By William C. Rasmussen
Reviewed by Josh Black
The Silent Passenger is actually a collection of two thematically similar novelettes.
The first (The Silent Passenger), tells the story of Frank Marsh, a trucker who spends much of his time on the road and away from his wife, Liz. While returning home from one of his routes, he stops to check out the remains of a school in which eighteen children and their teacher died in a fire some months before. As he gets back in his truck, something comes along for the ride.
From here things escalate fairly quickly, given the brevity of a novelette, but not as quickly as they should. Many words, phrases, even character’s actions are repeated throughout the first half of the story. I also winced at the unnatural-sounding dialogue and some stiff and formal descriptive passages. Thankfully I was invested enough in the general conceit that I was curious to see where Rasmussen was going with this, because it turned out to be a fairly decent little piece.
The characters here aren’t haunted by ghosts so much as they’re haunted by the past. It’s essentially a story of the disconnection between Frank and Liz, brought about by several unresolved issues. The real horror here is just how disconnected things become. The supernatural aspect, while central to the plot, is unexpectedly downplayed. I found the story to be almost touching at times, but the execution just wasn’t on the same level as the ideas being presented.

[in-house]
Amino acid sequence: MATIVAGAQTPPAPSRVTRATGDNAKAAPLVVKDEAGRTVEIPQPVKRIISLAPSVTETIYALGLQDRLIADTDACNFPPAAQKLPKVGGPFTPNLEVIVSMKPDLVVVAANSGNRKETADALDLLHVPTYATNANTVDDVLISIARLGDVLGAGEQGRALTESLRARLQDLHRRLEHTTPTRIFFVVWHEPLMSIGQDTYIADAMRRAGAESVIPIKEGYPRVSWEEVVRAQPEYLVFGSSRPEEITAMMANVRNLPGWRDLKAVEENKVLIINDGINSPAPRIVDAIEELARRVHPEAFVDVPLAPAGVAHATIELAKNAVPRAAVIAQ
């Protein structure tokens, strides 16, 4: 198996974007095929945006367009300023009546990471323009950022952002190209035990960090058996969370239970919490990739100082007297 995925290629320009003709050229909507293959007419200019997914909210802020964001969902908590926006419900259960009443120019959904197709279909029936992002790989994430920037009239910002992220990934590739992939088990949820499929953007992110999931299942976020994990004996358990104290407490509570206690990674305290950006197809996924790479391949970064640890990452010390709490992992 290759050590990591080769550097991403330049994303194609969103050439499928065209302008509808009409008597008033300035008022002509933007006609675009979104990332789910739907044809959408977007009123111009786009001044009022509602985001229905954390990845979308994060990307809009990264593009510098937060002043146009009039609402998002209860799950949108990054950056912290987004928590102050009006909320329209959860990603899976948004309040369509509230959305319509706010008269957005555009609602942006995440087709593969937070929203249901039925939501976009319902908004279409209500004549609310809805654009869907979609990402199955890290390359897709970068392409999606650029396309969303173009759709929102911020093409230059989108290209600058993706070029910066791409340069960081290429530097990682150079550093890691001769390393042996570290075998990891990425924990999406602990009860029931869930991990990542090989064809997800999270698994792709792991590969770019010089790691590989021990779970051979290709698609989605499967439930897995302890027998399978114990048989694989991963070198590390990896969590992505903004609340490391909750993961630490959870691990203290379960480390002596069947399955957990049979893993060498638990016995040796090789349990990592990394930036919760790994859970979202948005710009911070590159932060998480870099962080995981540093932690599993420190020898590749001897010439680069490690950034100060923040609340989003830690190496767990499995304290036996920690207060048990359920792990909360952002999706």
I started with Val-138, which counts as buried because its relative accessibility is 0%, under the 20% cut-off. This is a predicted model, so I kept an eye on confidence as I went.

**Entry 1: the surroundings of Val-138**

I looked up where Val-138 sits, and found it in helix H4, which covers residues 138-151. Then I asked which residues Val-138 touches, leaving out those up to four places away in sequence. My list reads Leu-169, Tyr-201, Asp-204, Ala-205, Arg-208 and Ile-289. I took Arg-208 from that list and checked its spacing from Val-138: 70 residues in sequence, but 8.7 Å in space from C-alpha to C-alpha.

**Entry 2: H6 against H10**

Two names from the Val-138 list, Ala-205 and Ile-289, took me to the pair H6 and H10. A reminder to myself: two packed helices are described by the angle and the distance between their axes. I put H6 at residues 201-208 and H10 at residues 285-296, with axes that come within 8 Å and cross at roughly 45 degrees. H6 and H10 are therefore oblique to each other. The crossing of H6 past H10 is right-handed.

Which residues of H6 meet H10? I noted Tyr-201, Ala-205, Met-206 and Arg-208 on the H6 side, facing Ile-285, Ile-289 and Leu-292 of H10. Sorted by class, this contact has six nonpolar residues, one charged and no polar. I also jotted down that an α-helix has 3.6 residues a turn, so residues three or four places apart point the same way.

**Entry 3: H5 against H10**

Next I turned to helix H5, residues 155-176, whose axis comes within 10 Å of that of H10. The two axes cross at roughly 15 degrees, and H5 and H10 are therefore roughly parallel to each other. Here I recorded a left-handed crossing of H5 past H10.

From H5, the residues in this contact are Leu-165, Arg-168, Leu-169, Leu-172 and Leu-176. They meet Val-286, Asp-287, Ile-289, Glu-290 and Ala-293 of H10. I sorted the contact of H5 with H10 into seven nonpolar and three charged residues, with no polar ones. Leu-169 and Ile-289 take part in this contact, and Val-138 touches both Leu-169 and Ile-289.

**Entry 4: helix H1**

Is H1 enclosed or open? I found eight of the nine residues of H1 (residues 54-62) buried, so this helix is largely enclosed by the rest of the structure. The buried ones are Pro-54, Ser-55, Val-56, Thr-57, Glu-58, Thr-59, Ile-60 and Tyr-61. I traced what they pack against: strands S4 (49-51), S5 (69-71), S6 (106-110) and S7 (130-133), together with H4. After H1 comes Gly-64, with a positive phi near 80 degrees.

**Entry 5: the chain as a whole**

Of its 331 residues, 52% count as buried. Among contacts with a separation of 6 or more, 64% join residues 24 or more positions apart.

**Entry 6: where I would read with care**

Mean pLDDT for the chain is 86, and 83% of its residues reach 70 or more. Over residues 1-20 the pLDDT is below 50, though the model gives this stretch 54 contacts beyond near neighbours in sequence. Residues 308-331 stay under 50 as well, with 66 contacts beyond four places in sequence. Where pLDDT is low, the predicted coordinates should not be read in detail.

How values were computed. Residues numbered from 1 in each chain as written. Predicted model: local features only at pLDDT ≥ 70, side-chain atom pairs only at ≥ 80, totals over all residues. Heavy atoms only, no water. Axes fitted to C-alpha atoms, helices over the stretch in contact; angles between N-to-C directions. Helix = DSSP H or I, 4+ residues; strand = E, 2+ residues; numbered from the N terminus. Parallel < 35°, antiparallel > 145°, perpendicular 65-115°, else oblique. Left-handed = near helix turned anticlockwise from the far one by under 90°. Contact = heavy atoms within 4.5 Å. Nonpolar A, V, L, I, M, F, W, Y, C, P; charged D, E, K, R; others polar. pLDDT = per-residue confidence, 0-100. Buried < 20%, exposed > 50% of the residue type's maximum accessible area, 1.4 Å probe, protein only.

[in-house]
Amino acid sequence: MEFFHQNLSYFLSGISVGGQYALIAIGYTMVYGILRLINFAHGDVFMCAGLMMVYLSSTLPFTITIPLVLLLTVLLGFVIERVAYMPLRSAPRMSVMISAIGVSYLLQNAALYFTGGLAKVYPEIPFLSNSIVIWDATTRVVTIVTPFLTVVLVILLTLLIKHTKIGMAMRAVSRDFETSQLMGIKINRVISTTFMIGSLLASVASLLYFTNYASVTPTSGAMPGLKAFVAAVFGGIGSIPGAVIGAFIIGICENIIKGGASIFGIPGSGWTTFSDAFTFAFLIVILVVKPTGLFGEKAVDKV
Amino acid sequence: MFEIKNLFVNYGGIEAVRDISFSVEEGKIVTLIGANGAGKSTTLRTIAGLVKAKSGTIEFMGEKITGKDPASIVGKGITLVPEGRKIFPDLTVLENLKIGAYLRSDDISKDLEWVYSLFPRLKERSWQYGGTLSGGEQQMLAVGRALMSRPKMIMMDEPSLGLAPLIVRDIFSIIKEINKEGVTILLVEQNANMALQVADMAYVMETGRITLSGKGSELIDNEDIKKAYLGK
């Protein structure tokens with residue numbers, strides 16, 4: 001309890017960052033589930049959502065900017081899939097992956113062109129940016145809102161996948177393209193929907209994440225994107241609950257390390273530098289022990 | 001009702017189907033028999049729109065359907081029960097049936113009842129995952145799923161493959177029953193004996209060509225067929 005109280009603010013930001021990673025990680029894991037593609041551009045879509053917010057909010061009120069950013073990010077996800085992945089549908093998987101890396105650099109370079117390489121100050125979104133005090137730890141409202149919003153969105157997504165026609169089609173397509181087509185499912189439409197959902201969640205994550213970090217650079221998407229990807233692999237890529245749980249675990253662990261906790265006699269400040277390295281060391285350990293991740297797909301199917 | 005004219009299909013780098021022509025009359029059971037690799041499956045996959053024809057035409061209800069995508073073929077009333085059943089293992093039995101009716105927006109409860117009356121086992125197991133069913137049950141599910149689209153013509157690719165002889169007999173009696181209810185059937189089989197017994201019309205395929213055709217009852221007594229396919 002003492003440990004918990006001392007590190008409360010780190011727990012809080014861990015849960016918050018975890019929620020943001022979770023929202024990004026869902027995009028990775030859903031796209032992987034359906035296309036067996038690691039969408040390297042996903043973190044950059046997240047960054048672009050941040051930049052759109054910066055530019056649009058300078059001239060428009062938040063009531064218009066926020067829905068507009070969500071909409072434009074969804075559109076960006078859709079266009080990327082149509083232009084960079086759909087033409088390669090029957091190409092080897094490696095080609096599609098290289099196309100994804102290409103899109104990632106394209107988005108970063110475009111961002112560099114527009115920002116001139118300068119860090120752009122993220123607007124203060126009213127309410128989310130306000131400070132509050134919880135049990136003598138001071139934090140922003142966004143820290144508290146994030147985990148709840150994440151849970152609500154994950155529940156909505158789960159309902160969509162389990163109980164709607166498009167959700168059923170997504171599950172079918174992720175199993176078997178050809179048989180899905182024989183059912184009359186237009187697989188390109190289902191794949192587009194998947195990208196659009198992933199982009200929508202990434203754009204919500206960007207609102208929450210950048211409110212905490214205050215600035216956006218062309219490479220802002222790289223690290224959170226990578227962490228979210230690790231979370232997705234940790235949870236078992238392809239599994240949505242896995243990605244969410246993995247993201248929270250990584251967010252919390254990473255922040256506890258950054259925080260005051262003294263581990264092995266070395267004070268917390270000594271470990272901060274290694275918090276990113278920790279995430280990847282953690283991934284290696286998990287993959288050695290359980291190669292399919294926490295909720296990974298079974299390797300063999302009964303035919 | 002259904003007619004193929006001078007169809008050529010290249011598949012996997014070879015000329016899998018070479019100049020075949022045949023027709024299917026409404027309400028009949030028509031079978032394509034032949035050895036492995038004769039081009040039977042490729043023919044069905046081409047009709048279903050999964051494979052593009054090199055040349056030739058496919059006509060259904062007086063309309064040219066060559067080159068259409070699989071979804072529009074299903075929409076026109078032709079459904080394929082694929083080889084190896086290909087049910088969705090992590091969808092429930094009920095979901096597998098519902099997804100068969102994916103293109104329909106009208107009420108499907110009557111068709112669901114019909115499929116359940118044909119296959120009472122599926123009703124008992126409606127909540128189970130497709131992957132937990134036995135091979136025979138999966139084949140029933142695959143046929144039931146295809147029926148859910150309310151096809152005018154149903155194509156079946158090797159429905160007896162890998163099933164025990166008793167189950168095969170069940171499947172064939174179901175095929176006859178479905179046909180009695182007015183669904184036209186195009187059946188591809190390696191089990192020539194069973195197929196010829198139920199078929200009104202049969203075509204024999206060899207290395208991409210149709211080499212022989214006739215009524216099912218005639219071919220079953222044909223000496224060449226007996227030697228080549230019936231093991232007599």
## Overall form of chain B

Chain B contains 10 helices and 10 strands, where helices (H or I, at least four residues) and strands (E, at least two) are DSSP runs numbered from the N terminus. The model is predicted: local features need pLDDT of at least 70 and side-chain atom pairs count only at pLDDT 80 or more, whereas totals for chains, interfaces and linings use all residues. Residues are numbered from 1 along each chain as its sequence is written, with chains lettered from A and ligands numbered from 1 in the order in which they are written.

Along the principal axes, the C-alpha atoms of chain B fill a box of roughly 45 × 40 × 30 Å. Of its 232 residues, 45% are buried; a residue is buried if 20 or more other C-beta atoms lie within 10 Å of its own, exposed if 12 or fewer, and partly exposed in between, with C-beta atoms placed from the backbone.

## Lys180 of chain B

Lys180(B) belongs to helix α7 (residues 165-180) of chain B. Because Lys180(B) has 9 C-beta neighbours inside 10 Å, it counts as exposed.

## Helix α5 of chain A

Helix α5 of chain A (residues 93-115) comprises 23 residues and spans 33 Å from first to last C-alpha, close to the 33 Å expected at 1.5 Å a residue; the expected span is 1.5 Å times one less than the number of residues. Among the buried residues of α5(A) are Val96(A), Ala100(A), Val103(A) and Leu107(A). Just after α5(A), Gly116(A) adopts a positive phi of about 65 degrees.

The second story, Rift, is a brief and strange little tale that sees the supernatural take the wheel. I don’t want to give much away, so I’ll just say there’s a swimming pool and some missing people. It’s well-placed after The Silent Passenger in that it also deals with a marriage thrust into a very strange sort of conflict. The ending is satisfying as well, something it shares with the previous story.
Despite the stylistic gripes I mentioned, I did enjoy The Silent Passenger well enough. The stories here aren’t the most original by any stretch, but there’s an earnestness and charm about them that I appreciated. Of course there are books of this style that I’d recommend before this one, but if you’re the kind of horror fan who’s read everything, you could do worse. The price is fair and, if you get the paperback version, the presentation quite impressive. The cover art by Tom Moran is aesthetically-pleasing (in a grotesque sort of way) and extends from the front to the back of the book. There’s also a little illustration of a truck framing the title at the top of each page, which I thought was a nice touch.
This is not a book that’s going to blow you away. If you’re into the psychological side of the genre, though, and you can overlook its faults, it’s a fine read to spend an hour or two with.